Book Reviews

The History of Love by Nicole Krauss – Book Review

The History of Love 2.jpg

Hi everyone, I have finished the History of Love by Nicole Krauss, and thought I would share my review of it with you. It’s a lot different from what I’m used to reading, which is contemporary or fantasy, but that’s what made this book unique. This book has received a lot of notoriety for being compelling and beautifully written, however though I did like it, I found it to be a little bit confusing at times and hard to follow due to the stark contrasts in each of the character’s writing styles, and how they intertwined together. However, by the conclusion I did feel a little bit less confused as the author brought the three separate storylines together, and illustrated to the reader how they all fit together.

Brief Summary – 

Fourteen-year-old Alma Singer is trying to find a cure for her mother’s loneliness. Believing she might discover it in an old book her mother is lovingly translating, she sets out in search of its author. Across New York an old man called Leo Gursky is trying to survive a little bit longer. He spends his days dreaming of the lost love who, sixty years ago in Poland, inspired him to write a book. And although he doesn’t know it yet, that book also survived: crossing oceans and generations, and changing lives… (this is the Goodreads description which you can view on Goodreads here: The History of Love

Plot – 

The plot I have to say is good, it’s creative, and is basically a mystery. There were a lot of times that something happened, or something was revealed and I was surprised, which is one element that I really liked about this novel. I would even say that the plot focuses heavily on uncovering mysteries. The premise of a book about a book was also really intriguing, and a different approach to storytelling than seen in the vast variety of literature. The plot also was saturated with writers. Most of the characters were writers and authors, and often the construction of a novel goes behind the scenes instead of being brought to the forefront of the readers’ attention. I also liked the deeper themes that were introduced such as fear of being invisible, authenticity, and the contrast between humour and death.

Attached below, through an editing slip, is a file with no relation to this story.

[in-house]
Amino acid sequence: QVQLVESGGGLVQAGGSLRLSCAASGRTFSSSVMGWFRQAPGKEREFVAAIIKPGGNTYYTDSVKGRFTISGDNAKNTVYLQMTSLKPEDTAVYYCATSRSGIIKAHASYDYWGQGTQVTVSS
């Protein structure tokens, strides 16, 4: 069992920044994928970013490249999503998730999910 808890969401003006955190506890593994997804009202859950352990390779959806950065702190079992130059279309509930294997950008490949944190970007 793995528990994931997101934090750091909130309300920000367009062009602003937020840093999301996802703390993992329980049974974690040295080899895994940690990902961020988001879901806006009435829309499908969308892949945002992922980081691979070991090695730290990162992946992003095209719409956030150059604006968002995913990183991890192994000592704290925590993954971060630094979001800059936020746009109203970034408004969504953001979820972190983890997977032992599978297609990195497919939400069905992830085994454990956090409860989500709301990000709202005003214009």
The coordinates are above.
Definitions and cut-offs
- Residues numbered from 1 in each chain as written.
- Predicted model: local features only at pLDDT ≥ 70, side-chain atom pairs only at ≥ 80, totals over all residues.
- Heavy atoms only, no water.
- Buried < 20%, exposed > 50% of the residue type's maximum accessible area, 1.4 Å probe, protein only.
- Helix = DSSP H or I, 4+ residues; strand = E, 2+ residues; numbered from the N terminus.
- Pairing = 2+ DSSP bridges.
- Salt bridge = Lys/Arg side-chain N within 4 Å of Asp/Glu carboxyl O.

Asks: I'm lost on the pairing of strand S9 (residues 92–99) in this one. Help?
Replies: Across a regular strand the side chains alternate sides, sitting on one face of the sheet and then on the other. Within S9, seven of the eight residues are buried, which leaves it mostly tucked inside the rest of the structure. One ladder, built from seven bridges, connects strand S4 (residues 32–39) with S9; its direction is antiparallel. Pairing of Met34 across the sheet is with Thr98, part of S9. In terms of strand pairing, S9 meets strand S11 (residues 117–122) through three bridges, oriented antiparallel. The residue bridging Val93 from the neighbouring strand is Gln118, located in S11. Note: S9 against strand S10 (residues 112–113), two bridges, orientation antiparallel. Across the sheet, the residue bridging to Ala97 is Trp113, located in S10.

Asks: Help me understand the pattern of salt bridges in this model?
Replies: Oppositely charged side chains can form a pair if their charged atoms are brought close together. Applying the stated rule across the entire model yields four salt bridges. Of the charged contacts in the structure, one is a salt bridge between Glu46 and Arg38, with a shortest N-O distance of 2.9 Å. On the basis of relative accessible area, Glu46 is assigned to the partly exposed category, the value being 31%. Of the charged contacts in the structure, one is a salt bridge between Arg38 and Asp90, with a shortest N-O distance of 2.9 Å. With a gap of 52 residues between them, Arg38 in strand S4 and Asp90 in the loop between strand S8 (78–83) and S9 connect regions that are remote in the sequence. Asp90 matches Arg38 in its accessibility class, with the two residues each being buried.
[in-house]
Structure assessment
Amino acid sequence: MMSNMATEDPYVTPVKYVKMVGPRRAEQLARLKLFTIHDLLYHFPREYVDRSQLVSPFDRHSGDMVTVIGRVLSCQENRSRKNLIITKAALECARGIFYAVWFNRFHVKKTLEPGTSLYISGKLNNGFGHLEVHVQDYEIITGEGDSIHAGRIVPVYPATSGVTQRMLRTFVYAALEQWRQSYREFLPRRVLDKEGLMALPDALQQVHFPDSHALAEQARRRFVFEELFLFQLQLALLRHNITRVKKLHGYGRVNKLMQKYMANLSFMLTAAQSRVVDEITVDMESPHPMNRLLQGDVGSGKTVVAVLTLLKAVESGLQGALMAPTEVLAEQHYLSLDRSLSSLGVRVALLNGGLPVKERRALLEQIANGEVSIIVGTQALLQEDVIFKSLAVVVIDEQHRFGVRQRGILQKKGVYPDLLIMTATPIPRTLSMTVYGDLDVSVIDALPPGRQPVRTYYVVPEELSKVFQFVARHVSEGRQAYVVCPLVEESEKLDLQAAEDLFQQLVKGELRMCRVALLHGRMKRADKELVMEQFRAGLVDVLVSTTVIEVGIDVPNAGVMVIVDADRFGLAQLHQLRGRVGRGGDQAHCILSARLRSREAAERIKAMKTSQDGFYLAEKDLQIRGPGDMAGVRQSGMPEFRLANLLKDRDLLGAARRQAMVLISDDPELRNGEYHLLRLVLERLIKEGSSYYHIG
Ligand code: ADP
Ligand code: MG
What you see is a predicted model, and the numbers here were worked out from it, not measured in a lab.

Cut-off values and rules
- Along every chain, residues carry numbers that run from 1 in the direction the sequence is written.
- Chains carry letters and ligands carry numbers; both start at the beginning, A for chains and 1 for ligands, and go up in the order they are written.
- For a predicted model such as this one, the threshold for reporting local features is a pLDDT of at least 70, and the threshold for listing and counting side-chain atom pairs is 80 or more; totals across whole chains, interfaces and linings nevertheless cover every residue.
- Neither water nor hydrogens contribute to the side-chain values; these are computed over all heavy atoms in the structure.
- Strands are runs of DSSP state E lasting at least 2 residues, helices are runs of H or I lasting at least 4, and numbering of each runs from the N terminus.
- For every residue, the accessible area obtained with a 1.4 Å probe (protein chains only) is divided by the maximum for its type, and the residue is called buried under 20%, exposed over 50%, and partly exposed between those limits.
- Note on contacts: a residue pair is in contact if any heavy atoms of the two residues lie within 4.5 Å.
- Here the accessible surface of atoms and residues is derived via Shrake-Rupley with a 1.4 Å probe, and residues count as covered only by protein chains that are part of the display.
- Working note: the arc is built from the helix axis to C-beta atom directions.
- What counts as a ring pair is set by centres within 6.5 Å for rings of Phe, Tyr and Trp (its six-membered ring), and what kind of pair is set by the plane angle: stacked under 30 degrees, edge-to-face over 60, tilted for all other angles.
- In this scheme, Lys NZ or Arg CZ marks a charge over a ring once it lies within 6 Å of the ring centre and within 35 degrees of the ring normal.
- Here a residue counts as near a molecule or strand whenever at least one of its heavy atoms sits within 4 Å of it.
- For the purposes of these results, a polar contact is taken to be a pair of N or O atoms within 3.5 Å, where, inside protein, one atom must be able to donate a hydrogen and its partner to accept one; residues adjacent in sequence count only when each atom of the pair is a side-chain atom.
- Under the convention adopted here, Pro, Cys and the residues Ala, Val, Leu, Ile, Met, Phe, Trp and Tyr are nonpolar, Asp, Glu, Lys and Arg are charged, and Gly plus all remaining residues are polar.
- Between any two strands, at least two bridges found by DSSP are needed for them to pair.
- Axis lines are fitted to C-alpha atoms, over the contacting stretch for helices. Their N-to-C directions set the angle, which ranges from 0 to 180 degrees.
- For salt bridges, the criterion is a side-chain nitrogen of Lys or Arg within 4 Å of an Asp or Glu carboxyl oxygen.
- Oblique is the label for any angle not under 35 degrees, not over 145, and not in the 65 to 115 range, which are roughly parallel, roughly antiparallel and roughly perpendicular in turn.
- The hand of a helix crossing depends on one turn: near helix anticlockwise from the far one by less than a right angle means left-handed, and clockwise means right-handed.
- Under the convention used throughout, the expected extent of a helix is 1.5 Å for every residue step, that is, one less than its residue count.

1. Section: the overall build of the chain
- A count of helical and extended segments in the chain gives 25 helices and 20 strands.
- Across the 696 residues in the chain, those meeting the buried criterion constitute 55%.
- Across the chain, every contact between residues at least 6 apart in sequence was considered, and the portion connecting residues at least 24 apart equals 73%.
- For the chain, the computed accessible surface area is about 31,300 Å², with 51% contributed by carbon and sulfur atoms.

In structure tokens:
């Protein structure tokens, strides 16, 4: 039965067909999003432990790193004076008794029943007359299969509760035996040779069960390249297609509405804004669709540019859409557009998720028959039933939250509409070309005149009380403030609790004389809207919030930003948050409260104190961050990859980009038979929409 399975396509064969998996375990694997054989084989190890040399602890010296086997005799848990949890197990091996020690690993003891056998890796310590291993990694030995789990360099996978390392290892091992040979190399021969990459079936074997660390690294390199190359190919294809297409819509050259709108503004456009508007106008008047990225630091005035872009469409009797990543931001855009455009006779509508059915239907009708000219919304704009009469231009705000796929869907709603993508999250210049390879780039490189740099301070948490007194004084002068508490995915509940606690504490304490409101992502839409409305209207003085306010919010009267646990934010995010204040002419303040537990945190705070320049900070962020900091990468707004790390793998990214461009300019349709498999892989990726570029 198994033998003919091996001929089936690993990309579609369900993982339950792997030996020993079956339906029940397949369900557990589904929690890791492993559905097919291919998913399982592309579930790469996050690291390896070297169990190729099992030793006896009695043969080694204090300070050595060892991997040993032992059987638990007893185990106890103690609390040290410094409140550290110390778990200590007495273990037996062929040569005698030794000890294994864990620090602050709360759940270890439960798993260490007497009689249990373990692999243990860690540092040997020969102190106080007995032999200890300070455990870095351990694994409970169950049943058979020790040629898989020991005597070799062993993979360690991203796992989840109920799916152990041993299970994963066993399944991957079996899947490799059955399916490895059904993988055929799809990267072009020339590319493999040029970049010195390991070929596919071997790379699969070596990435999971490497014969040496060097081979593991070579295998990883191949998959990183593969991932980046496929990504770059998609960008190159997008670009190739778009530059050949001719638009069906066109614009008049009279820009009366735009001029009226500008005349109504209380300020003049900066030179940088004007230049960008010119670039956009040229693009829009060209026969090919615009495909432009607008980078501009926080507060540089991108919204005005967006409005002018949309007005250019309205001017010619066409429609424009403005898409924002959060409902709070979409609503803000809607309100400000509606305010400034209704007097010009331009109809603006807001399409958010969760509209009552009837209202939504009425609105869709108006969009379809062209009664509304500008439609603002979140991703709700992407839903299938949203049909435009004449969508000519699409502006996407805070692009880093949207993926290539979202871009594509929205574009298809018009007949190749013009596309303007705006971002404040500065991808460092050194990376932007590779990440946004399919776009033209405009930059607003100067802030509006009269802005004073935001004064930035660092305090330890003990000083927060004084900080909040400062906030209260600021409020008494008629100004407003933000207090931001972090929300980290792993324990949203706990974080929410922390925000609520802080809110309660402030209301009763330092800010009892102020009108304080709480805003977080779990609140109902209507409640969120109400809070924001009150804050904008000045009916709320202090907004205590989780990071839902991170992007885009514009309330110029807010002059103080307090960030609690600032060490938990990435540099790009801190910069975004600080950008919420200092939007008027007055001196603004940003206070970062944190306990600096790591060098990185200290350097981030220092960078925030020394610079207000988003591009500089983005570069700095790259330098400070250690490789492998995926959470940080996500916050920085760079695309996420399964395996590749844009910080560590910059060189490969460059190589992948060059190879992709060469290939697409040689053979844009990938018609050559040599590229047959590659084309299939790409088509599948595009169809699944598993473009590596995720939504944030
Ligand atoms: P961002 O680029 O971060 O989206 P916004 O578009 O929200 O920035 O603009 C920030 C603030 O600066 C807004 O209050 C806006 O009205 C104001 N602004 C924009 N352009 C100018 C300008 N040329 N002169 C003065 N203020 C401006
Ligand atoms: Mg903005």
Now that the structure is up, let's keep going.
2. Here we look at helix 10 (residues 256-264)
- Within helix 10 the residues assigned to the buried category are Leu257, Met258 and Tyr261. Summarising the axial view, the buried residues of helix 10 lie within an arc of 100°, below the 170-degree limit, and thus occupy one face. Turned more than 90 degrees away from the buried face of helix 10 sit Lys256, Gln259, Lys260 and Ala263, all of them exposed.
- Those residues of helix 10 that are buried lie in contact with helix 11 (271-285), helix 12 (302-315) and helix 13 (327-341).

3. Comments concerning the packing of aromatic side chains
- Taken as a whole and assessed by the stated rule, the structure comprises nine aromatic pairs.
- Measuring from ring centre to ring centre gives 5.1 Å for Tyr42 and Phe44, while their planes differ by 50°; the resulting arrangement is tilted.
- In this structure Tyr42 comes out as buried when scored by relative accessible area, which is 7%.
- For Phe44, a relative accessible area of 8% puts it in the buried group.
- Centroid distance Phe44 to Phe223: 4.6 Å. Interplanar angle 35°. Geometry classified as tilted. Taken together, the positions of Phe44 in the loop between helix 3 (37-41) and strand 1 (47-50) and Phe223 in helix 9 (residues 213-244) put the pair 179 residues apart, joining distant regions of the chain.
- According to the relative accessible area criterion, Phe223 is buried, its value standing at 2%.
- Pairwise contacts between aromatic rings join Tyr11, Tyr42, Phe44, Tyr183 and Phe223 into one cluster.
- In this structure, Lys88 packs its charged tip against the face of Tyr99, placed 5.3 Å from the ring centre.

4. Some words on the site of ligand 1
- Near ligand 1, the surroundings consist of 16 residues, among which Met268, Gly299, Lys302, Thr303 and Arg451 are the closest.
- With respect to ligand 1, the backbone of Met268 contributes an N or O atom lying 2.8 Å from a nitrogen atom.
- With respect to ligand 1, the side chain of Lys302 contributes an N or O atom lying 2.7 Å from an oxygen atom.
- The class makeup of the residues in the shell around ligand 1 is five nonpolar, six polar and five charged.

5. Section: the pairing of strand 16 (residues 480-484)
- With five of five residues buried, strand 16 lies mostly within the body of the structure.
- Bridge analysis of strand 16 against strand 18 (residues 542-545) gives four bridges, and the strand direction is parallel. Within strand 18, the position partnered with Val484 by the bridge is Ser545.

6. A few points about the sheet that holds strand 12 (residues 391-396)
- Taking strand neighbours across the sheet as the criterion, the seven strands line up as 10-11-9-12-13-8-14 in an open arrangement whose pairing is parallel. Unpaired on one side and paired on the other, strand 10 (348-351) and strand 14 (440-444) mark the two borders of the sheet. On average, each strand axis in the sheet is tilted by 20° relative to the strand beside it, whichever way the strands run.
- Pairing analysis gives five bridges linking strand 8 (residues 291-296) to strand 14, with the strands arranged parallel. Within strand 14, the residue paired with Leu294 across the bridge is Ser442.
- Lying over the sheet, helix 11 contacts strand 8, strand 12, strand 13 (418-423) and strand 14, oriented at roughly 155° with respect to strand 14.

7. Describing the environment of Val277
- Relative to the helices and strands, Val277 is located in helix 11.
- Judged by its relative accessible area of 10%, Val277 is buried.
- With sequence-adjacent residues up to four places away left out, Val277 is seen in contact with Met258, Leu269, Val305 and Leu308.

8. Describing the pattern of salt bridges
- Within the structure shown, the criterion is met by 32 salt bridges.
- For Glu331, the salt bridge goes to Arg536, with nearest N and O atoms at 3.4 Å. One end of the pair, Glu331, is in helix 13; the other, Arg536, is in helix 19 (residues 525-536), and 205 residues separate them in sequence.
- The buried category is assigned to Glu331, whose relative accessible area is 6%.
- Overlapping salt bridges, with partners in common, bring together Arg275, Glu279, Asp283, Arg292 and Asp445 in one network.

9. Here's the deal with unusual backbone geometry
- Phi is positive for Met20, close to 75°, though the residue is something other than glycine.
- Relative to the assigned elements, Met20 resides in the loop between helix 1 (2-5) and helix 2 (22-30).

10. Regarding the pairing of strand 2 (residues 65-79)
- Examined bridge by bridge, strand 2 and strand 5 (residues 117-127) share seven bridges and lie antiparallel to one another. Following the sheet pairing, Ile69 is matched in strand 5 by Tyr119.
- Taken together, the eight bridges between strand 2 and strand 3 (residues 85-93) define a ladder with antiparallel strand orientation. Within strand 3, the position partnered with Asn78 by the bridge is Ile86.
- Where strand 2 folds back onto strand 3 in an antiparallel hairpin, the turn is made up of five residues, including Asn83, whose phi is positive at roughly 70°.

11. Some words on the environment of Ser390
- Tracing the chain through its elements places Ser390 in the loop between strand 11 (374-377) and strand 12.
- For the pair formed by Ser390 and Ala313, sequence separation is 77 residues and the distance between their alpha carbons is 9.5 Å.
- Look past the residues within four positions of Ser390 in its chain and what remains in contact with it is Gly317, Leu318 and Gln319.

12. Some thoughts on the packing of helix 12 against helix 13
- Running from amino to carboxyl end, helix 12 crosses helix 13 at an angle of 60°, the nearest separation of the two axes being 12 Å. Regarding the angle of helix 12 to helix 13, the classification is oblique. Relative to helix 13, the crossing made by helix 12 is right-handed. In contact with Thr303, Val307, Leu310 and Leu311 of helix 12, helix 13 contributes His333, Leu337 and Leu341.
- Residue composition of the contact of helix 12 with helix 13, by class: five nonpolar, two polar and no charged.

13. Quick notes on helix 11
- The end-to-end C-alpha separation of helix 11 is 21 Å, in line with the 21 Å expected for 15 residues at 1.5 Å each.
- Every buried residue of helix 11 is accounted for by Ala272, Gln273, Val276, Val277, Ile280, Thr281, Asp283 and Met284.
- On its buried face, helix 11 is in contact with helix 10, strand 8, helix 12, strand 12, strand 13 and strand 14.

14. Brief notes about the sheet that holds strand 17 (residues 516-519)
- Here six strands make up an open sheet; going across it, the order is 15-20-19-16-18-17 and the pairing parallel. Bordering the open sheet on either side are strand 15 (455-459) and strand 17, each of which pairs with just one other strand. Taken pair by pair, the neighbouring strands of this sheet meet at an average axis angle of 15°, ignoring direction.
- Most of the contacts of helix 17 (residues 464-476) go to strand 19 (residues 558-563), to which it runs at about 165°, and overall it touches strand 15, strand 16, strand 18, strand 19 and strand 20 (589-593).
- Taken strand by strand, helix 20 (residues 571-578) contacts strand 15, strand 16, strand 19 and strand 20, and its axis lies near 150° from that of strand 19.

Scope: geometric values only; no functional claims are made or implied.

Characters – 

The characters were also really well developed and thought out. It was interesting seeing the relationship that Nicole Krauss created amongst unlikely individuals such as Gursky and Alma – one an old man, the other a young teenaged girl.

Writing Style – 

Many people have argued that the writing style has to be complex in order to tell such a complicated story,  but I really wasn’t a fan of how Nicole Krauss actually wrote each individual character’s perspectives, This is the part that I think really confused me. However, I haven’t really read anything like this before, and maybe if I was exposed to this unique style of writing more, I would be able to follow it better.


Overall, I give this novel 3/5 stars, for having an interesting plotline but not always being the most easy to follow. I found myself re-reading some parts, and when I read a book, I don’t want to have to go back and re-read and spend too much time trying to figure out what’s happening.

**Sidenote ** I will be re-reading this entire novel another time, because I read most of it while recovering from a rather unpleasant and complicated wisdom tooth surgery (which I’m still recovering from), so that may have influenced my ability to fully understand and enjoy this novel.

 

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